It appears that digital transformation, the application of technology to improve performance or reach enterprises and their customers, is going better within the larger business-to-business (B2B) sector than the smaller business-to-consumer (B2C) world.
But it's only a matter of time before smaller enterprises catch up. It's a movement, tsunami of sorts, that can't be stopped. The world of interconnected technology between companies and their customers is a fact of doing business. The only thing that is not known is how many new processes and applications are to come.
The four areas of technology including big data, cloud, mobile and social technologies are having the biggest impact with transformation at its core. In a report from the Harvard Business Review (HBR), experts believe that early adopters transformed their organizations to adapt to the changing relationship with customers in mind. An example of an early adopter is Berkshire Hathaway's AirCare Travel Insurance. One hour before your flight you can purchase the insurance for $25. It covers delays, will rebook a flight for you, find your lost luggage and access to private lounges, all at the touch of an app. Transformations and connecting with customers is growing rapidly at a majority of public and private sector organizations.
Findings in a recent survey of 537 HBR readers at large and medium-sized private and public sector companies showed that 45 percent of those leading the changes are executives or senior managers.
Those managers have their eyes on the customer base. They are not just making changes to boost efficiency or cut costs. The study clearly revealed that these firms are instituting the mega trends to design new revenue streams, new business models and develop other material changes that increase not just the bottom line but the top line as well.
HBR found that digital transformation is having the biggest effect in five of the six top-line or customer-facing areas of industry. They see that reaching out from the corporate and manufacturing departments to the end-user--the customer on the street -- is paramount to staying competitive. The areas that are making the most change include:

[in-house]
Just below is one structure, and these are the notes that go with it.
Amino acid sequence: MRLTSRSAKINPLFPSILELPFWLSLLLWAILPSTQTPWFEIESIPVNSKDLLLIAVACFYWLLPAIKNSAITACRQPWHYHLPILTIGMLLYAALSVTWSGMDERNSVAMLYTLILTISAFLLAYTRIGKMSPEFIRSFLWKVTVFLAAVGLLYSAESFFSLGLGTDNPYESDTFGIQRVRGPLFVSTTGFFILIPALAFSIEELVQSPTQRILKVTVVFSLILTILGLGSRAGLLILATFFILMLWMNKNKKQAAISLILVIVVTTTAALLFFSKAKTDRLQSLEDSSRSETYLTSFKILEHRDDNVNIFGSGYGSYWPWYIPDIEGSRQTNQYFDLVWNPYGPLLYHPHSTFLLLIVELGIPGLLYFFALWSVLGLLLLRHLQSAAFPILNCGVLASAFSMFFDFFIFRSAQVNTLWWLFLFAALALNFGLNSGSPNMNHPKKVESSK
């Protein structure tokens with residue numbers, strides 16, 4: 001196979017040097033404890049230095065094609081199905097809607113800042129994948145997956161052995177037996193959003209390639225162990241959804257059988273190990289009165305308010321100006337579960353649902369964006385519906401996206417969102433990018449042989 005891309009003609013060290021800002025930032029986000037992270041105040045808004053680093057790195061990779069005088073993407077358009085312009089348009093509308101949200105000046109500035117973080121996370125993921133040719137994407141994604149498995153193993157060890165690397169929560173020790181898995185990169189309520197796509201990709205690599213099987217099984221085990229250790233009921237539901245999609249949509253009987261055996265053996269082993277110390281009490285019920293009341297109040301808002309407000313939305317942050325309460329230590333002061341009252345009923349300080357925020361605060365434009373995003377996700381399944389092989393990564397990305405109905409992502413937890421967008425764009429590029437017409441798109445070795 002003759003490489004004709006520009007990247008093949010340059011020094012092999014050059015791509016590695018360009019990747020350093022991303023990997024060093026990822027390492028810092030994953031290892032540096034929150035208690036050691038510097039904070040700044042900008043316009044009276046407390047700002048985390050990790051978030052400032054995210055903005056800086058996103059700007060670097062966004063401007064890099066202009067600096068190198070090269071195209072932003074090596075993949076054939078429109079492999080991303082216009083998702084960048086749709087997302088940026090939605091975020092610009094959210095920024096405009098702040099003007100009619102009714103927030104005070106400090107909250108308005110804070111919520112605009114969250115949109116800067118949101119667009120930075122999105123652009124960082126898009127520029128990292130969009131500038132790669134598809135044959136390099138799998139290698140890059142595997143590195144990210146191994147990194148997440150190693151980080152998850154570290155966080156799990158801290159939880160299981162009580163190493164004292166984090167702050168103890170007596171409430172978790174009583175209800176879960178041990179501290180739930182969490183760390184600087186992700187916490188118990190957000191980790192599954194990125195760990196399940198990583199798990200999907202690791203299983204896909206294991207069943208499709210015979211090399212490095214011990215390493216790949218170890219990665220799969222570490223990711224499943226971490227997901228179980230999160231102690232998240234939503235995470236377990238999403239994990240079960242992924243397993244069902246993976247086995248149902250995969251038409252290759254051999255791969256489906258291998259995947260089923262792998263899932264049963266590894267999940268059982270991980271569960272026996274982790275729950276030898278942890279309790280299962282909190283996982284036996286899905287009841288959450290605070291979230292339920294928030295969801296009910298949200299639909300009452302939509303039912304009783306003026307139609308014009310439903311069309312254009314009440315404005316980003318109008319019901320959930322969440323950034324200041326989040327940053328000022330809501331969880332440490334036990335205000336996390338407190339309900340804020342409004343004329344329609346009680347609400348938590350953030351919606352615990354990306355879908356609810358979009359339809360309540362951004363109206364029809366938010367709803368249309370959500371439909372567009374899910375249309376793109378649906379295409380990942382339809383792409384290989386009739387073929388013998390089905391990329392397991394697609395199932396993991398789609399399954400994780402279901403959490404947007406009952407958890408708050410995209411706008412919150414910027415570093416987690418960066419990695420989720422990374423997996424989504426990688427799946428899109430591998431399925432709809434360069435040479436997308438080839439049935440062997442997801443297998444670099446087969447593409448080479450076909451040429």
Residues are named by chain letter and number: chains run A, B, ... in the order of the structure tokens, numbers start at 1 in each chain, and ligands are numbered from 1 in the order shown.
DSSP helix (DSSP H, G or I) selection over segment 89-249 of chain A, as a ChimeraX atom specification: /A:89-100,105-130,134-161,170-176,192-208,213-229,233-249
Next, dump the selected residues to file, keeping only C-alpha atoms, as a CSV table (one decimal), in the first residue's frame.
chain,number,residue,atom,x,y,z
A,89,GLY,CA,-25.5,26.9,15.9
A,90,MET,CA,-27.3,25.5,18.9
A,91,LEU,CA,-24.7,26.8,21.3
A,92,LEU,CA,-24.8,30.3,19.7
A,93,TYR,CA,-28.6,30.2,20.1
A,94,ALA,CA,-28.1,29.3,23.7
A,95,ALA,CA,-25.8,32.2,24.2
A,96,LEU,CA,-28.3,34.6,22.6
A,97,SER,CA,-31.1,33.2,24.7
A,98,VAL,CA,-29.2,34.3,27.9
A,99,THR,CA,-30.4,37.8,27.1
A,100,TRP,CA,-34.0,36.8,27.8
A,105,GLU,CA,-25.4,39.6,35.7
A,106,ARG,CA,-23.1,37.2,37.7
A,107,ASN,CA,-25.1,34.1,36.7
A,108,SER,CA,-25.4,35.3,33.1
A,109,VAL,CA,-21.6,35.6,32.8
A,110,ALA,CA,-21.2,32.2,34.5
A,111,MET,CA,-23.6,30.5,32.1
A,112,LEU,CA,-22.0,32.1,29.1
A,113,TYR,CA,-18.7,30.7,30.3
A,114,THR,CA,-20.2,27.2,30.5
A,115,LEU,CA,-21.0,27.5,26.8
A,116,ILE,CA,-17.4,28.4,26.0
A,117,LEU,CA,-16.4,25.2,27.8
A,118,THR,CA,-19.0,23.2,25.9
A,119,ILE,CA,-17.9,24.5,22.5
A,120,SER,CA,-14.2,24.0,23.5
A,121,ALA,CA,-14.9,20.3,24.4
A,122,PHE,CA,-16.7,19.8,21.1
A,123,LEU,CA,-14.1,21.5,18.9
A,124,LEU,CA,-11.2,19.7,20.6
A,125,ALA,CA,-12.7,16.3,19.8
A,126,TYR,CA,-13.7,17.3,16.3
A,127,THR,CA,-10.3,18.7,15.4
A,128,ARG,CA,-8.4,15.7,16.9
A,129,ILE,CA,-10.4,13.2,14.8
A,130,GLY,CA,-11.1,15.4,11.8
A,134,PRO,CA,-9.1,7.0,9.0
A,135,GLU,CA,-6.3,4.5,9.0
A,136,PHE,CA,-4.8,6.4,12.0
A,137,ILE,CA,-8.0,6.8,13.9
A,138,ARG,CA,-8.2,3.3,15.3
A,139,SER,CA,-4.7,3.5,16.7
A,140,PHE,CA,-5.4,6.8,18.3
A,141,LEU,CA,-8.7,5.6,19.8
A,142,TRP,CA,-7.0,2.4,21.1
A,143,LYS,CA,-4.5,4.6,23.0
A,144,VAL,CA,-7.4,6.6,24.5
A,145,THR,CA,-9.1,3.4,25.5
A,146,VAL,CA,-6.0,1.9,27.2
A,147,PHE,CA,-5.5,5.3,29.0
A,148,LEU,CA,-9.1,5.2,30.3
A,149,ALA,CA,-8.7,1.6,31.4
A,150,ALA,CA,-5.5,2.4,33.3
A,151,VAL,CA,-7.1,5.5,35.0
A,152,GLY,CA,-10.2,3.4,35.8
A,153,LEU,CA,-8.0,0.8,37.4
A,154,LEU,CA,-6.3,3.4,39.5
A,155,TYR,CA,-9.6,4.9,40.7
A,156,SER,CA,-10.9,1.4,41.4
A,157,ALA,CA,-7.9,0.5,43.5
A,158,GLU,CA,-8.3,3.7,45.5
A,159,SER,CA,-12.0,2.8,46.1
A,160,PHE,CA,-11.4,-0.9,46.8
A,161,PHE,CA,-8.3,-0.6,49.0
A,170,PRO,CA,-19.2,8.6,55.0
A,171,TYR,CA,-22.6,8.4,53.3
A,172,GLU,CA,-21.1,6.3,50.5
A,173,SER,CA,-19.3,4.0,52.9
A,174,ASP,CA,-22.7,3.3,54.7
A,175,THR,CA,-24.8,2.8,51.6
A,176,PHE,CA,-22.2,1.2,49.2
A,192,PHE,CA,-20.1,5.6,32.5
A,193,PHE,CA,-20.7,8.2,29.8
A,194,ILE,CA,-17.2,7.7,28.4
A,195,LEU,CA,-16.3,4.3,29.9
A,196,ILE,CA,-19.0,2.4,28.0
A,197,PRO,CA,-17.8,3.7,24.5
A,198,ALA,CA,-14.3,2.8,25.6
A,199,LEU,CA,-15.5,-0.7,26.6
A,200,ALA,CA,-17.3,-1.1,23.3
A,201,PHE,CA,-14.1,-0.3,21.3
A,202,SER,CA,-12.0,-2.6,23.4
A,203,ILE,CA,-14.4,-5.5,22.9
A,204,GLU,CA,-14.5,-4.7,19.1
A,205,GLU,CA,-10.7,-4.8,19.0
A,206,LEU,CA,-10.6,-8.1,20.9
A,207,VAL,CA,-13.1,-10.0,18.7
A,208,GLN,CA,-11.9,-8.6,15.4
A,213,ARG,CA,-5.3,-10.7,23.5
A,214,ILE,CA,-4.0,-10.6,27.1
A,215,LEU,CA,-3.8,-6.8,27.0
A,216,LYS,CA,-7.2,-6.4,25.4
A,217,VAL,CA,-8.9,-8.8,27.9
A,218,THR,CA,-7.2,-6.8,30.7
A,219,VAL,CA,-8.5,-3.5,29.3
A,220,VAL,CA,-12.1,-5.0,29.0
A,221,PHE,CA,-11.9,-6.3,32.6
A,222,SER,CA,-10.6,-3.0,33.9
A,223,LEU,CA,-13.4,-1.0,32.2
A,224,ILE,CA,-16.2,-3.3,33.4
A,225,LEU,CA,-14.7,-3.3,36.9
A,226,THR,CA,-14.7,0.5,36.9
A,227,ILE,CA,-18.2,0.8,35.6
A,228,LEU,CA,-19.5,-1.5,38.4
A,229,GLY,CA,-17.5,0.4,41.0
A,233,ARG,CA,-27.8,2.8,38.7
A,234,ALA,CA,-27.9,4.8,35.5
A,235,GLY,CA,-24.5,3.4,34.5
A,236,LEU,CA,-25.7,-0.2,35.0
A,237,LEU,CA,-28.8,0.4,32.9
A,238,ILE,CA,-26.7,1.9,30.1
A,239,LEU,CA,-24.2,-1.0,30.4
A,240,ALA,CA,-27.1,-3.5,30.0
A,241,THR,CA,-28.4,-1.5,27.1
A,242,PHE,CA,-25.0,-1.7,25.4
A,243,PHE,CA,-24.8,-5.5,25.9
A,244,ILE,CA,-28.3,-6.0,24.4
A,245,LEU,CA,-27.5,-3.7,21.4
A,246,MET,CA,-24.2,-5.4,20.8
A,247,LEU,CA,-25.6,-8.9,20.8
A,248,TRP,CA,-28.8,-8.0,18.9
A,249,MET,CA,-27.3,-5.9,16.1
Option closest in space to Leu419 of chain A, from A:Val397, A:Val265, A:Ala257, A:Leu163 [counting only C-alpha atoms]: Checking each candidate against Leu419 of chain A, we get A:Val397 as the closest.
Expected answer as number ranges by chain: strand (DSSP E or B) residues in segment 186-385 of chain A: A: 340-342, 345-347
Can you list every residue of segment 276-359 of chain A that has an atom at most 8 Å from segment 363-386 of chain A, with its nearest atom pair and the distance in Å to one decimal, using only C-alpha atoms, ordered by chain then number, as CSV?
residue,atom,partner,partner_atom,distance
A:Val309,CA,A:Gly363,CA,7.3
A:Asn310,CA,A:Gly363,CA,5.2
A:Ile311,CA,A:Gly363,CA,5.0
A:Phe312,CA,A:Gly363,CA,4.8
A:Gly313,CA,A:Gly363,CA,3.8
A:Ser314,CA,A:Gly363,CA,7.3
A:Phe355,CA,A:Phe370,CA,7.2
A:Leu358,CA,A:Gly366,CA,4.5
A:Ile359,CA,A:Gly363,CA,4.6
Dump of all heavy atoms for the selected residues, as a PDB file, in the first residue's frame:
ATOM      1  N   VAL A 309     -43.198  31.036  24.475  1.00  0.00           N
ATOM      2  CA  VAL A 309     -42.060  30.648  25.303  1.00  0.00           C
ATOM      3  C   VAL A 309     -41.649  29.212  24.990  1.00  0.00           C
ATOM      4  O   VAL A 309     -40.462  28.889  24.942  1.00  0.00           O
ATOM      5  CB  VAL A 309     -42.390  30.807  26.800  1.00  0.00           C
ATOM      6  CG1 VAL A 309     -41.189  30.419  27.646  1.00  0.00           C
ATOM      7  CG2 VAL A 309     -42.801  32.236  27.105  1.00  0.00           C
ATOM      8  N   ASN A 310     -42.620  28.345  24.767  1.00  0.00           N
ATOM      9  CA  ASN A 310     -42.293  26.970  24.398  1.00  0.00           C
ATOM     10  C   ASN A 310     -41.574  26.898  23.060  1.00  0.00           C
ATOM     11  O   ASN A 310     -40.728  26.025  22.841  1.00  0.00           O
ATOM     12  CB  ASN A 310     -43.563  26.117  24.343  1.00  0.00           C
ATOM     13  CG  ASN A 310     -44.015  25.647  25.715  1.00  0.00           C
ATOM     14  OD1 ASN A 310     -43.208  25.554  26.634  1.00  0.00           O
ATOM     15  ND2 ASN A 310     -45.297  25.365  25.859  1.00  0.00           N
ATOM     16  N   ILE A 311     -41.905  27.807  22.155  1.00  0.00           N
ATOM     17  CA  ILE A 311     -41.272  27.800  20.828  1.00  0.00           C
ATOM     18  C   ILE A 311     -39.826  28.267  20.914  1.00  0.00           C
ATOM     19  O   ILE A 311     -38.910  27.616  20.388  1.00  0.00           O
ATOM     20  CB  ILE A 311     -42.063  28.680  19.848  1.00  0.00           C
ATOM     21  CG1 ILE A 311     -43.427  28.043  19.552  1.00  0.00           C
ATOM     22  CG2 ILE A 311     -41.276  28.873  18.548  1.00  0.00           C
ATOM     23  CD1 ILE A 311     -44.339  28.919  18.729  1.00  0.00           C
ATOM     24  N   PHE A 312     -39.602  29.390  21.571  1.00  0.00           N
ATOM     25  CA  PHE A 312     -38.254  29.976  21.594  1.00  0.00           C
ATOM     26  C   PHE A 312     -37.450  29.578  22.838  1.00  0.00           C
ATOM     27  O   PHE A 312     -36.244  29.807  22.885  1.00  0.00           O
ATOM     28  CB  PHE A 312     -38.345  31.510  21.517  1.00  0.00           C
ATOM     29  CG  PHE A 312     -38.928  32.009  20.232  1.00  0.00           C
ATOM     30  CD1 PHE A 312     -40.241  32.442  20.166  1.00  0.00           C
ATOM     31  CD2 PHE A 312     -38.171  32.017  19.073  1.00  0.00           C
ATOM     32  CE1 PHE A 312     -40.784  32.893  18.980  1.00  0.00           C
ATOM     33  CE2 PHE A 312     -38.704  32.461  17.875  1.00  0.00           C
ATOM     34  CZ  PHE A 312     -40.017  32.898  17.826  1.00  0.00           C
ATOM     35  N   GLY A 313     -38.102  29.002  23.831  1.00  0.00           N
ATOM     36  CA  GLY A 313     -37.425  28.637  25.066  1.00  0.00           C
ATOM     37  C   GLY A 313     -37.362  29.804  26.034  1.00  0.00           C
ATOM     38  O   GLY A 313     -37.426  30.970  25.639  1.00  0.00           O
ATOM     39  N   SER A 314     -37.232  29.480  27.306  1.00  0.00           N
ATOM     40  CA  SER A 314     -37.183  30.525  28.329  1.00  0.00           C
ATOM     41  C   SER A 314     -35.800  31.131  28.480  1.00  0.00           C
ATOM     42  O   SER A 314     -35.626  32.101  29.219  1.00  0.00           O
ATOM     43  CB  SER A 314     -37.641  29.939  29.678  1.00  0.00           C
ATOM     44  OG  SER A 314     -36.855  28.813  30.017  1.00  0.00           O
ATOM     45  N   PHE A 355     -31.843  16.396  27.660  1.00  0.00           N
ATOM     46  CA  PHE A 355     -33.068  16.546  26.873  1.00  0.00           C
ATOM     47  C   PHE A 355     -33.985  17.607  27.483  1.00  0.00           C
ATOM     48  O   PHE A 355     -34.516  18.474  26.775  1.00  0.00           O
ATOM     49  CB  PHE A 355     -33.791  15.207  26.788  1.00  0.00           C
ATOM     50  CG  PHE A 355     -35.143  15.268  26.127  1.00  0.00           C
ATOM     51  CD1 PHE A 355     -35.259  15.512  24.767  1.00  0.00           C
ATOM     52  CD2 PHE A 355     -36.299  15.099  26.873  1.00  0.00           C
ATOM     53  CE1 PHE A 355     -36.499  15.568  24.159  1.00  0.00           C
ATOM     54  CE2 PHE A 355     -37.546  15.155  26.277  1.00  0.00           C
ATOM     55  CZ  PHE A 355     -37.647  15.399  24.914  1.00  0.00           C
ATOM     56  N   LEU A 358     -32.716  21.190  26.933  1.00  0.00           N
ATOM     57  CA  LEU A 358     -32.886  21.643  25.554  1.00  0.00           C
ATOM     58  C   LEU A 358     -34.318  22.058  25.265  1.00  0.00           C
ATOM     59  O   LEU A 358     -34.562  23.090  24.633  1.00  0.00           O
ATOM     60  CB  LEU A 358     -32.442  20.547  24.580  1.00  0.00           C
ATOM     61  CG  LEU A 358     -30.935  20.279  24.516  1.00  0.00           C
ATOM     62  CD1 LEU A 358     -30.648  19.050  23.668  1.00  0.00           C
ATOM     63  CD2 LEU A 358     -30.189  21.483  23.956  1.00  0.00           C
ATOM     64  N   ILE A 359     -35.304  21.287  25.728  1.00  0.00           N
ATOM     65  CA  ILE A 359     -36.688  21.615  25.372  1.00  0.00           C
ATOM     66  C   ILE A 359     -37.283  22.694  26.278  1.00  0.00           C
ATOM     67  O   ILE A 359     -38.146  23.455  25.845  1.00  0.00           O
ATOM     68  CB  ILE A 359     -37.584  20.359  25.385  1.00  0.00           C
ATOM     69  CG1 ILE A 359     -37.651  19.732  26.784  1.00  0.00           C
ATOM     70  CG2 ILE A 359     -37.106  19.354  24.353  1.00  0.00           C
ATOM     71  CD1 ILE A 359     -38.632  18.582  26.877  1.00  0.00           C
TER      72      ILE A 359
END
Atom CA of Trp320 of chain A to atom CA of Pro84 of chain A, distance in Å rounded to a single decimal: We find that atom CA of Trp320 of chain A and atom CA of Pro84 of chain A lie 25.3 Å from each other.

- Improving customer service (53 percent)
- Increasing productivity (52 percent)
- Developing new services (50 percent)
- Business models (42 percent)
- Product development (41 percent)
- Increasing revenues (40 percent)
Intersection Between B2B and B2C
Gil Press, in his article in Forbes Magazine, says digital transformation is an obstacle and an opportunity. "Technology has blurred rigid boundaries with the media, communications industries and content."
The digital business transformation is not pre-defined with specific industry-based rules or limitations. Although social media within businesses continues to evolve, it is still largely challenged in returning measurable business results.
Therefore, strategies with a wide digital expertise map is needed to coordinate the technology and business departments and teams across the enterprise.
Customers see brands, they don't see departments. Organizations need to be sure their digital strategy serves to advance the entire customer journey and aid in delivering real results against company-wide business goals. That’s the bottom-line of digital transformation.
What about the pharma industry?
Digital Transformation is the new frontier for the pharmaceutical industry. Specifically, pharma companies are investing in digital health solutions. They are creating digital services that are transforming the patient/pharma relationship and research/development. There are some emerging pharma services that fuel the digital transformation. As technology evolves and positive impact is realized, more pharma organizations will continue to invest in the digital shift. We will see even more innovations to help improve the care for the patient.
Digital transformation means change. Consumers and Business' lead a connected life and rely on technology for consumption, commerce, and communication.